There is a recipe for a safe electrical installation.  If these ingredients are used, they will make robust electrical installations free from potential fire and shock hazards.

  1. Electrical Installation Standards. Electrical Codes such as the NEC and CE Code set the minimum requirements for electrical installations and equipment. The object of these Codes is to establish safety standards for the installation and maintenance of electrical equipment and the practical safeguarding of persons and property from electrical hazards.
  2. Product Standards & Certification. Standards Development Bodies produce product standards to which electrical equipment and appliances are to be manufactured. Certification Organizations and National Recognized Testing Laboratories (NRTL) test these products to verify compliance with the product standards and safety for use. Each NRTL uses its unique registered certification mark(s) to designate product conformance to the applicable product safety test standards.
  3. Qualified Installers. Individuals installing the equipment must be knowledgeable and have the necessary credentials to perform the work. The more trained and competent installer results in a safer and more reliable end product.
  4. Enforcement. The Authority Having Jurisdiction (AHJ), typically the electrical inspector, plays a major role in ensuring compliance with the Codes and Standards. The AHJ is the enforcer in this recipe and is depended upon to confirm that the installation meets the minimum standards set forth by said Codes and Standards.
  5. Consumer awareness. The consumer should be aware of any hazards, should maintain and replace faulty equipment, and exercise good judgment. As with the installer and enforcement community, the more educated the consumer is, the better this awareness becomes.

Electrical safety needs to be a year-round priority.  Don’t dismiss or underestimate your role in preventing electrical accidents.  If we all work together maybe someday, we can reach zero incidents.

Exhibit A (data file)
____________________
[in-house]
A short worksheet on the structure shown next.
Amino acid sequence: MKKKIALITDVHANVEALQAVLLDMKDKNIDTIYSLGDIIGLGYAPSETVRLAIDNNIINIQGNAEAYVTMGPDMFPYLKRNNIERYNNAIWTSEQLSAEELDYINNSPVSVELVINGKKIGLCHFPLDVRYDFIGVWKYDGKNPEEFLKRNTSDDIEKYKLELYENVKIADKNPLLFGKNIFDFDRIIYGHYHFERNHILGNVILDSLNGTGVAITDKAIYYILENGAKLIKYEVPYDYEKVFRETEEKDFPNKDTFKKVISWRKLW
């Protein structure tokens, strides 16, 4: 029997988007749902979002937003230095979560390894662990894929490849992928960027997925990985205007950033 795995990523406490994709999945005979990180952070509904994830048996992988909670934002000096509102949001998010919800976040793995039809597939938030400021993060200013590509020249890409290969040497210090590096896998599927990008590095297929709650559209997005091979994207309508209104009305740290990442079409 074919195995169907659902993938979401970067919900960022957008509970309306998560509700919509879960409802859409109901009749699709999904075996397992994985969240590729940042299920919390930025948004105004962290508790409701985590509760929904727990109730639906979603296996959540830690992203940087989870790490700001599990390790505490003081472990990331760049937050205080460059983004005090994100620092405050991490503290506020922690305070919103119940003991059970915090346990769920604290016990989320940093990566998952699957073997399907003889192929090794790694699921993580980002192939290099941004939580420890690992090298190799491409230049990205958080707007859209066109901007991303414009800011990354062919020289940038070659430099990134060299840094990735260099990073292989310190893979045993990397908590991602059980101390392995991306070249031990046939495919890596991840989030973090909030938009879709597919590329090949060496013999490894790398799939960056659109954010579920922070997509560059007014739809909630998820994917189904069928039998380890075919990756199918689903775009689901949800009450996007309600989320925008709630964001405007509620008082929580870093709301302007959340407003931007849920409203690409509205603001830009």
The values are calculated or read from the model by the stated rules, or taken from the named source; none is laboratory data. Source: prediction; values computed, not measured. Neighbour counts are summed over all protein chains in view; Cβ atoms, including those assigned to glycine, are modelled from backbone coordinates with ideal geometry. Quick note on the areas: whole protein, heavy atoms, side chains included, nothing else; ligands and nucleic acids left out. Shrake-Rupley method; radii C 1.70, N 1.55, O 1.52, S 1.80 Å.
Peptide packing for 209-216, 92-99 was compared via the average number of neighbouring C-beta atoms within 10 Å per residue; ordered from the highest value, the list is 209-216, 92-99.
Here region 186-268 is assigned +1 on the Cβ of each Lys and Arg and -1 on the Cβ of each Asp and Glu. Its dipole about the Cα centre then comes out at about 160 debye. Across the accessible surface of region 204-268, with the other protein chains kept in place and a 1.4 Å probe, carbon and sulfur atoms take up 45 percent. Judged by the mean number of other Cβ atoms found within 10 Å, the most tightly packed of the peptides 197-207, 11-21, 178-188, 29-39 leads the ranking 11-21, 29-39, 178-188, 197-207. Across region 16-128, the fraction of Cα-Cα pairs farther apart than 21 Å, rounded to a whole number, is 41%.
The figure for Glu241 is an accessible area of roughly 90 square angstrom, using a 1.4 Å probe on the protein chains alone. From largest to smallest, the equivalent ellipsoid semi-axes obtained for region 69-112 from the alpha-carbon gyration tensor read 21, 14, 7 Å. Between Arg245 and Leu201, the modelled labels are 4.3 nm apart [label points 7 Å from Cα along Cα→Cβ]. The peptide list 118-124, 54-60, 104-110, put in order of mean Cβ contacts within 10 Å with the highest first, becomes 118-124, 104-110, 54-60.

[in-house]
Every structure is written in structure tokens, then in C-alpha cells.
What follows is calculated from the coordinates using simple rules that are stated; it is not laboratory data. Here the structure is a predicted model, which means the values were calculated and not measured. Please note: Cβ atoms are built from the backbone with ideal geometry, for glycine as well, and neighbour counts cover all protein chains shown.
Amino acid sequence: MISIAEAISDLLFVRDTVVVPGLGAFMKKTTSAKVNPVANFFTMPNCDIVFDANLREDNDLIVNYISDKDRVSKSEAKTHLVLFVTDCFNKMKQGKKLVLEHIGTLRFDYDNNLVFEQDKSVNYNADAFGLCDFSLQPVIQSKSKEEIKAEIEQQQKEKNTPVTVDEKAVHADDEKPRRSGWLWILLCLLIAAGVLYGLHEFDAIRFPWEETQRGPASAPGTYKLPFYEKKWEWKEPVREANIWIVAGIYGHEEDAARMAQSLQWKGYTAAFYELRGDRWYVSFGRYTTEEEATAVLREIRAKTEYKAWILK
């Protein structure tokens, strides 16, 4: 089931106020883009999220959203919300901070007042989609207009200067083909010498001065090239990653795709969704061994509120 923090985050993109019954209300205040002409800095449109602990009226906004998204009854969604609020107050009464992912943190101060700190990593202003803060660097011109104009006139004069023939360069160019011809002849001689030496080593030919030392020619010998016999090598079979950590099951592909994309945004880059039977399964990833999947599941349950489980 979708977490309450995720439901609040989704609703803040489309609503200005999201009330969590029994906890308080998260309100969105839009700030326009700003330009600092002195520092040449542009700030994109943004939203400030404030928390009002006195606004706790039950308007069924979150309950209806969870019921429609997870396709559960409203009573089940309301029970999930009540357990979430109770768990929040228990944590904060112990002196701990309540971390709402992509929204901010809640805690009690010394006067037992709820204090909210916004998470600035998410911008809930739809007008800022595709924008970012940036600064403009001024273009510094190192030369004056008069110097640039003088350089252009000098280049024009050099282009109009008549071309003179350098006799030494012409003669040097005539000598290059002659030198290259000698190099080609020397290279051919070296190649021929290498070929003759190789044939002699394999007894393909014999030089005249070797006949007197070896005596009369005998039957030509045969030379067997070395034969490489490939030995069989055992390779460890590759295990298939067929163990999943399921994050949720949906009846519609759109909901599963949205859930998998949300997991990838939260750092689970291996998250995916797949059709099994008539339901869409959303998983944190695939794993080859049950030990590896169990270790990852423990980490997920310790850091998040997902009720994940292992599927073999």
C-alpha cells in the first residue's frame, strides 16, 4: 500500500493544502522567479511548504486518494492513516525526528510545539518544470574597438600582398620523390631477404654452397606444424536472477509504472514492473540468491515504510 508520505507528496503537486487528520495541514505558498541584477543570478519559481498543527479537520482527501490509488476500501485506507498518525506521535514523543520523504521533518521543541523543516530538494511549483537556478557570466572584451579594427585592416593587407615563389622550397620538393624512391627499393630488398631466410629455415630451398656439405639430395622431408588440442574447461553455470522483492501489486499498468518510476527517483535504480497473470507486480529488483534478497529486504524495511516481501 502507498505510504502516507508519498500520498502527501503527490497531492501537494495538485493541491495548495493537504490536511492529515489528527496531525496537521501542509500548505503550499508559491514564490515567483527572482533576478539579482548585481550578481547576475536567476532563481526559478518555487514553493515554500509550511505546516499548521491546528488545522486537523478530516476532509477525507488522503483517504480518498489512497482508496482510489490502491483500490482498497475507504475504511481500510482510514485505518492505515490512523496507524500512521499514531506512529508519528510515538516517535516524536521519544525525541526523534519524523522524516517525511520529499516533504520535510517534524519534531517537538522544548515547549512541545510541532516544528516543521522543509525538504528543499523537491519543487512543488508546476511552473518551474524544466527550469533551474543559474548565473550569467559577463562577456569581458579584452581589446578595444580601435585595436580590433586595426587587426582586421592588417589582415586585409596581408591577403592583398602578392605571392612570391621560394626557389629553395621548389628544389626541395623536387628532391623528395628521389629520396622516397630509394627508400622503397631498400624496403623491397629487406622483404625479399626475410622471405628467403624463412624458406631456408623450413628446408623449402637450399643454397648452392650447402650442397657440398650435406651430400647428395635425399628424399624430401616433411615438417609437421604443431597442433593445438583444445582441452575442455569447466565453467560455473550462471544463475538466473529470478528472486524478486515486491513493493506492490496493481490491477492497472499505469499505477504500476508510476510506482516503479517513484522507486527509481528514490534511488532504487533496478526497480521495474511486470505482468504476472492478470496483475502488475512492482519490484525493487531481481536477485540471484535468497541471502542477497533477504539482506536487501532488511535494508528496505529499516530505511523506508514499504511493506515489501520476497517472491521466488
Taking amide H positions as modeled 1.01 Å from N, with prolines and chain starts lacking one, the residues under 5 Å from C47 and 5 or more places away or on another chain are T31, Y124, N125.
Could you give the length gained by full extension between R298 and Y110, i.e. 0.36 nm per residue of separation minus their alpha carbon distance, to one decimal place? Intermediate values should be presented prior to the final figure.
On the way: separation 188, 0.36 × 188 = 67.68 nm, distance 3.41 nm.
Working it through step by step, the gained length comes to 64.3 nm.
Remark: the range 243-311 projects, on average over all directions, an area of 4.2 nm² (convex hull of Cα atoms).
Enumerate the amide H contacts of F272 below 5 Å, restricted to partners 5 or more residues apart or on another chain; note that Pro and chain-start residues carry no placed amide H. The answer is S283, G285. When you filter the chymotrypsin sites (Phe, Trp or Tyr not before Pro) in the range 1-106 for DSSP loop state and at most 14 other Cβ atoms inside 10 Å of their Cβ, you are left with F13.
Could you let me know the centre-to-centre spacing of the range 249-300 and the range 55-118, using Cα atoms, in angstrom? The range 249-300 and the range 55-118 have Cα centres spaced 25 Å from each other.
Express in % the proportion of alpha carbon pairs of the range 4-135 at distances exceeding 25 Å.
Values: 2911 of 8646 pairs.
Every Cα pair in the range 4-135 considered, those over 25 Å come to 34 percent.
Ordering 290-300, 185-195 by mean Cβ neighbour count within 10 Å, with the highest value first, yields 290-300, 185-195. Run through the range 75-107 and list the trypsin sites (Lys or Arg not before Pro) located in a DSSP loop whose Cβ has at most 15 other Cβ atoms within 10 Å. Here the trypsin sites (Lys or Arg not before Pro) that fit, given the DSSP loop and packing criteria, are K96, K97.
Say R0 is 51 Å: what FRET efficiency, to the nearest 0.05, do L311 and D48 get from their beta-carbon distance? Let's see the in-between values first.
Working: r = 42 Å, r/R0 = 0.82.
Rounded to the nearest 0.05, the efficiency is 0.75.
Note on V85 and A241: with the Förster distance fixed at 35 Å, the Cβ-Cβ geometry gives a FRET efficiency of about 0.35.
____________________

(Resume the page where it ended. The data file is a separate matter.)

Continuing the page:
*Home Electrical Fires Fact Sheet, National Fire Protection Association

Previous articleCode Hunter – Signs, Part I, 2017 NEC
Next articleAre There Any Listed Energy Storage Systems
David Clements is CEO/Executive Director of IAEI. He has been an active IAEI member at the local, section and national levels for more than twenty-five years. He served as international board member from 1995 until 2007 when he served as our 2007 international president. In 2010, he retired after twenty-nine years with Nova Scotia Power, in Halifax, Nova Scotia, as their chief electrical inspector. During his tenure as chief electrical inspector, he was a voting member on the Canadian Standards Association (CSA), Technical Committee on the Canadian Electrical Code, Part I, a member of the Regulatory Authority Committee and member of the Canadian Advisory Committee on Electrical Safety. He has served on NFPA Smart Grid Steering Committee, Electrical Infrastructure Training Program and is presently a member of the UL Electrical Council.